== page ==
There are 3 normal phases in the hair loss and growth cycle, namely anagen (growth), catagen (resting) and telogen (shedding). There are many causes of excessive hair loss (alopecia). Sudden increase in hair fall may be the result of childbirth, illness, medication side effects or change in diet. Androgenetic alopecia, or hereditary thinning, is one of the most common forms of hair loss that affects both men and women. Alopecia areata is another common cause of hair loss that is more frequent in children and young adults.
Alopecia areata is a condition that causes round patches of hair loss, which rarely can lead to total hair loss in severe cases. Effective treatments are available to speed up recovery. Alopecia areata may occasionally be associated with autoimmune diseases such as vitiligo and thyroid disorders.
Androgenetic alopecia (AGA) affects both men and women. In men, male pattern balding can start early and usually becomes clinically obvious in patients in their twenties and thirties. In female pattern hair loss, thinning of hair usually happens around the whole scalp, and unlike in men, the hairline does not recede. Several factors are thought to be important in the development of AGA, including genetic factors and male hormones. There are effective topical and oral medications available for the control of hair loss, and some medications may also promote hair growth.
The autoimmune blistering diseases (AIBD) are characterized by the presence of autoantibodies that target certain components of the skin, resulting in loss of stickiness between skin cells and blister formation at various depths of the skin. In some cases, the mucous membranes are also affected, resulting in painful erosions. The more common forms of AIBD include bullous pemphigoid and pemphigus. Bullous pemphigoid affects mainly elderly individuals and is usually a chronic disease. The main subtypes of pemphigus include pemphigus vulgaris and pemphigus foliaceus. Blistering in pemphigus occurs at more superficial layers of skin than in pemphigoid. AIBD often require topical and oral medication for control of disease.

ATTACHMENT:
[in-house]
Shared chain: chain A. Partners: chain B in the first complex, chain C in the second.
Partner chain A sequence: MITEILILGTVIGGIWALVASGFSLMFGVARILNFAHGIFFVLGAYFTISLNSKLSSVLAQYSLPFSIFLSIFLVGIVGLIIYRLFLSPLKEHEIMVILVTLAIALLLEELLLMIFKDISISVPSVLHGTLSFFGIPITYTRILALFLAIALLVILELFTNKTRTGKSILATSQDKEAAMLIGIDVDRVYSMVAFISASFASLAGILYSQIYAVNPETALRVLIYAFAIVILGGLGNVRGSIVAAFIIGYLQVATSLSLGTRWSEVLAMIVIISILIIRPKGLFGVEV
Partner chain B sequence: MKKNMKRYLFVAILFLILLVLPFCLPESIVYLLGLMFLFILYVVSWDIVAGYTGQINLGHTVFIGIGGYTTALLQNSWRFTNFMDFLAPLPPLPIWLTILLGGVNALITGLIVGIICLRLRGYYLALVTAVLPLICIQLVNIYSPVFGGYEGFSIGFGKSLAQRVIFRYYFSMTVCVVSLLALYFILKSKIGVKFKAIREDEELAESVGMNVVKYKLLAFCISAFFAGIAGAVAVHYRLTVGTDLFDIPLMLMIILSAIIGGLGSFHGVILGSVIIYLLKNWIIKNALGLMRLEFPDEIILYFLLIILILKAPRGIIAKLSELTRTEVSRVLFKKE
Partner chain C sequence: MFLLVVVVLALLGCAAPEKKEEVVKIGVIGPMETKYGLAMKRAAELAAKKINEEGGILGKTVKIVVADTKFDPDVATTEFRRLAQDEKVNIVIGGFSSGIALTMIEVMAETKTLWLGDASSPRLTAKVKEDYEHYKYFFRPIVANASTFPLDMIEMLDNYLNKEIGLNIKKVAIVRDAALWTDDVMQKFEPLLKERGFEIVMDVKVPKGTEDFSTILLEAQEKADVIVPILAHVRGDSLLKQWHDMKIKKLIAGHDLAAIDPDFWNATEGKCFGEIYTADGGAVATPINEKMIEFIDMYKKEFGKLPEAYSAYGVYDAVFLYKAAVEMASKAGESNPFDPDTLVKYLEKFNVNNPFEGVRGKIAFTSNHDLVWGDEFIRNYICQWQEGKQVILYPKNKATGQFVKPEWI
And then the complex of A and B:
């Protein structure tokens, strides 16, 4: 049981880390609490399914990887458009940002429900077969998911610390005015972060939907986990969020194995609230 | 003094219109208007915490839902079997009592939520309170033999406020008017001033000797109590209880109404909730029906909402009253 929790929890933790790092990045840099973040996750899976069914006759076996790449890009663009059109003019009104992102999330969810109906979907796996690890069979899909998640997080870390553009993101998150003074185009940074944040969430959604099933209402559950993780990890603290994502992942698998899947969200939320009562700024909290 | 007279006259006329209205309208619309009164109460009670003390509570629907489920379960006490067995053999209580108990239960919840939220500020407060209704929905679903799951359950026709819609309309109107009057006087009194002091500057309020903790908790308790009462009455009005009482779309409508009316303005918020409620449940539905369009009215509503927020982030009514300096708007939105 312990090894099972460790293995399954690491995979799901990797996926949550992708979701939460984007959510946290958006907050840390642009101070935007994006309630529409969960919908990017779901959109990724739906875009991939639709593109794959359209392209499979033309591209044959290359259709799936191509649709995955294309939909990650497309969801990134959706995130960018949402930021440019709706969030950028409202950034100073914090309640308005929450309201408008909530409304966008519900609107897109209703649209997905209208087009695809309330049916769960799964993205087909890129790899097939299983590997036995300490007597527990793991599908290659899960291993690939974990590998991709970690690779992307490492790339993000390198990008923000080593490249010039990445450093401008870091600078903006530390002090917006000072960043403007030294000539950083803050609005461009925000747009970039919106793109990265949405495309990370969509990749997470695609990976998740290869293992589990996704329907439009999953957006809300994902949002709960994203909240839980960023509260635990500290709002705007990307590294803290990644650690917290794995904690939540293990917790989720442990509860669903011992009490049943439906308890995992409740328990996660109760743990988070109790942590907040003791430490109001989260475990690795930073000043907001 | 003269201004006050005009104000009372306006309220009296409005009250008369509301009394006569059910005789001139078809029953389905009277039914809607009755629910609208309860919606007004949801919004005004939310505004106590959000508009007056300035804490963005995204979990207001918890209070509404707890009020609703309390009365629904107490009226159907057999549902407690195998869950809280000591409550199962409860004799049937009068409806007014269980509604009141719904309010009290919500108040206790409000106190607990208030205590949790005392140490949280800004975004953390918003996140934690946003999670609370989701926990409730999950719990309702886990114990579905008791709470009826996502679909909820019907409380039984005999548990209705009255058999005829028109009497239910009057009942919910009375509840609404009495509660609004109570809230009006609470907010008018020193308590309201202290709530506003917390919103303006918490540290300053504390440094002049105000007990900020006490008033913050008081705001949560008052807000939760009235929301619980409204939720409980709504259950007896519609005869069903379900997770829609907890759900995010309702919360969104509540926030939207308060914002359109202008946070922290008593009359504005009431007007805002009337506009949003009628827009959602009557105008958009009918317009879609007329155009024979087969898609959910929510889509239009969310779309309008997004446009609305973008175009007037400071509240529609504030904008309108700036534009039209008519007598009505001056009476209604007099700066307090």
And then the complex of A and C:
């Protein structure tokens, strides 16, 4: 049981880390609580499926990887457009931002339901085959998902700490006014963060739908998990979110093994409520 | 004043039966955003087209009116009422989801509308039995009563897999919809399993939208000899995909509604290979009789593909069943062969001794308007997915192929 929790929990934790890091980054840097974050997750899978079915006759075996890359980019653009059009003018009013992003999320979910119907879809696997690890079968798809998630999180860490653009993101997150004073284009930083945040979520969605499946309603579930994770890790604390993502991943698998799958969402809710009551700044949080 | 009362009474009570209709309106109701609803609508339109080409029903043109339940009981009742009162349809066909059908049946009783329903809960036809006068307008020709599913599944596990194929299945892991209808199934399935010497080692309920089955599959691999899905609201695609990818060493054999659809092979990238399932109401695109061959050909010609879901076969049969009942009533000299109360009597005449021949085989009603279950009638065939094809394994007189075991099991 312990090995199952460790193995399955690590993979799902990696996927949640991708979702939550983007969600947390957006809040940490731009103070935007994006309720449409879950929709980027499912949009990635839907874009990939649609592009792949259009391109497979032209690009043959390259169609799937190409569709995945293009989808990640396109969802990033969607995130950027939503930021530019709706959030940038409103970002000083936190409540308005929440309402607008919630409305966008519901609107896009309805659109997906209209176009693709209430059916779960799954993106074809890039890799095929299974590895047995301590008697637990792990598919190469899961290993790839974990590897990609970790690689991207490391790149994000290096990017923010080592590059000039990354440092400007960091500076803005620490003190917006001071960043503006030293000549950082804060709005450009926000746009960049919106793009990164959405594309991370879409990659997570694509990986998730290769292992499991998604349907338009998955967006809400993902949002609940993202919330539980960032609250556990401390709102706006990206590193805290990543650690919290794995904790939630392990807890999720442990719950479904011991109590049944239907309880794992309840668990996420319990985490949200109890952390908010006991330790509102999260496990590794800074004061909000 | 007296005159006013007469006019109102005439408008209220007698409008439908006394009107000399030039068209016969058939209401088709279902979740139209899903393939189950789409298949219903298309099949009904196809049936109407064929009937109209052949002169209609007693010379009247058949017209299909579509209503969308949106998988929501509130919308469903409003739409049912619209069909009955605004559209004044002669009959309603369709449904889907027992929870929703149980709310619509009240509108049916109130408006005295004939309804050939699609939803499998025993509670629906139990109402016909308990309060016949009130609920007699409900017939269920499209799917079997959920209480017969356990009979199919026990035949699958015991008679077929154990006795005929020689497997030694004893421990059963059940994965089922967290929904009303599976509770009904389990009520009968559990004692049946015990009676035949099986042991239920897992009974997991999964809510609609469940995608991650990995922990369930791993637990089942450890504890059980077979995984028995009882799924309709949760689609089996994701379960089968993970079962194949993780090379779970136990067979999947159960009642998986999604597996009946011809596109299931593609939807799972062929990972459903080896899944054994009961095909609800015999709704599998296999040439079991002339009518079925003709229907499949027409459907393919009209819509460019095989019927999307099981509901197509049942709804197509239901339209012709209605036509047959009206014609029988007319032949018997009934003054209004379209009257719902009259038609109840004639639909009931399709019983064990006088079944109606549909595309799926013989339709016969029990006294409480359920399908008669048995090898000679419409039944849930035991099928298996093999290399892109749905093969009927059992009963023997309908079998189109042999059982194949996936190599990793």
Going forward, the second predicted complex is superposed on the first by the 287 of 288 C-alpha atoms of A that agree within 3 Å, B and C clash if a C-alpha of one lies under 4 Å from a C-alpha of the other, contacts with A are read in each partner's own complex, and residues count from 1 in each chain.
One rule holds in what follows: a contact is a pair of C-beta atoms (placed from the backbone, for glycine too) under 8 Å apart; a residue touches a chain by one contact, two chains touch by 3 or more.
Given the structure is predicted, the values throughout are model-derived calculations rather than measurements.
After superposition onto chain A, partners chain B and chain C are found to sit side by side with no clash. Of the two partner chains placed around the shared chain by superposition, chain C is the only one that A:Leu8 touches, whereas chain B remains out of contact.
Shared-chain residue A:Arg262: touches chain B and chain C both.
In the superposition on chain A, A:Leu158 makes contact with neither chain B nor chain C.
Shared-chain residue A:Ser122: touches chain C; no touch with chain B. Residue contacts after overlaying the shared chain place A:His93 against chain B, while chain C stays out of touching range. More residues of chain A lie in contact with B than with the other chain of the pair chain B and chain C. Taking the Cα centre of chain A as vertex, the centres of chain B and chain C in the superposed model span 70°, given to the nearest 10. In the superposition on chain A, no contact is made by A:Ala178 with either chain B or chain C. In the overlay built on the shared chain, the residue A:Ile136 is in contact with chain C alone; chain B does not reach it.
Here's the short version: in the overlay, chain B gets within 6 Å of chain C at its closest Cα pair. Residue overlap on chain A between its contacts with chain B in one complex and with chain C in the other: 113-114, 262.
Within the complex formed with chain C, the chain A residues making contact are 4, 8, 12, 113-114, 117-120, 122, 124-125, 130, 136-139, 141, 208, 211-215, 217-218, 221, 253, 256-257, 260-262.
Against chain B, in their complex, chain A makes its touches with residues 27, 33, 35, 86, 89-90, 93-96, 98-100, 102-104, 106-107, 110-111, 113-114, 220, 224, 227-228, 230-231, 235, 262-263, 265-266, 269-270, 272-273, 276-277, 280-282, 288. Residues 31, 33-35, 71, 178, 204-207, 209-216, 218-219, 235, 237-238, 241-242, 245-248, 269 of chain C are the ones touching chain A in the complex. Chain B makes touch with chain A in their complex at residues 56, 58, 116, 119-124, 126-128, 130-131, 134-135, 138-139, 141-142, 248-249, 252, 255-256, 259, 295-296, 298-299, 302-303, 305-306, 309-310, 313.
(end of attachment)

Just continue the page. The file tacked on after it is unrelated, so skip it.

Bacterial skin infections can cause painful boils on the body, and occasionally blisters as well. In children, impetigo is a common condition that is highly contagious and requires effective antibiotic therapy. Some patients have recurrent bacterial infections involving the hair follicles, and this causes pimple-like bumps to appear on areas such as the scalp and buttocks.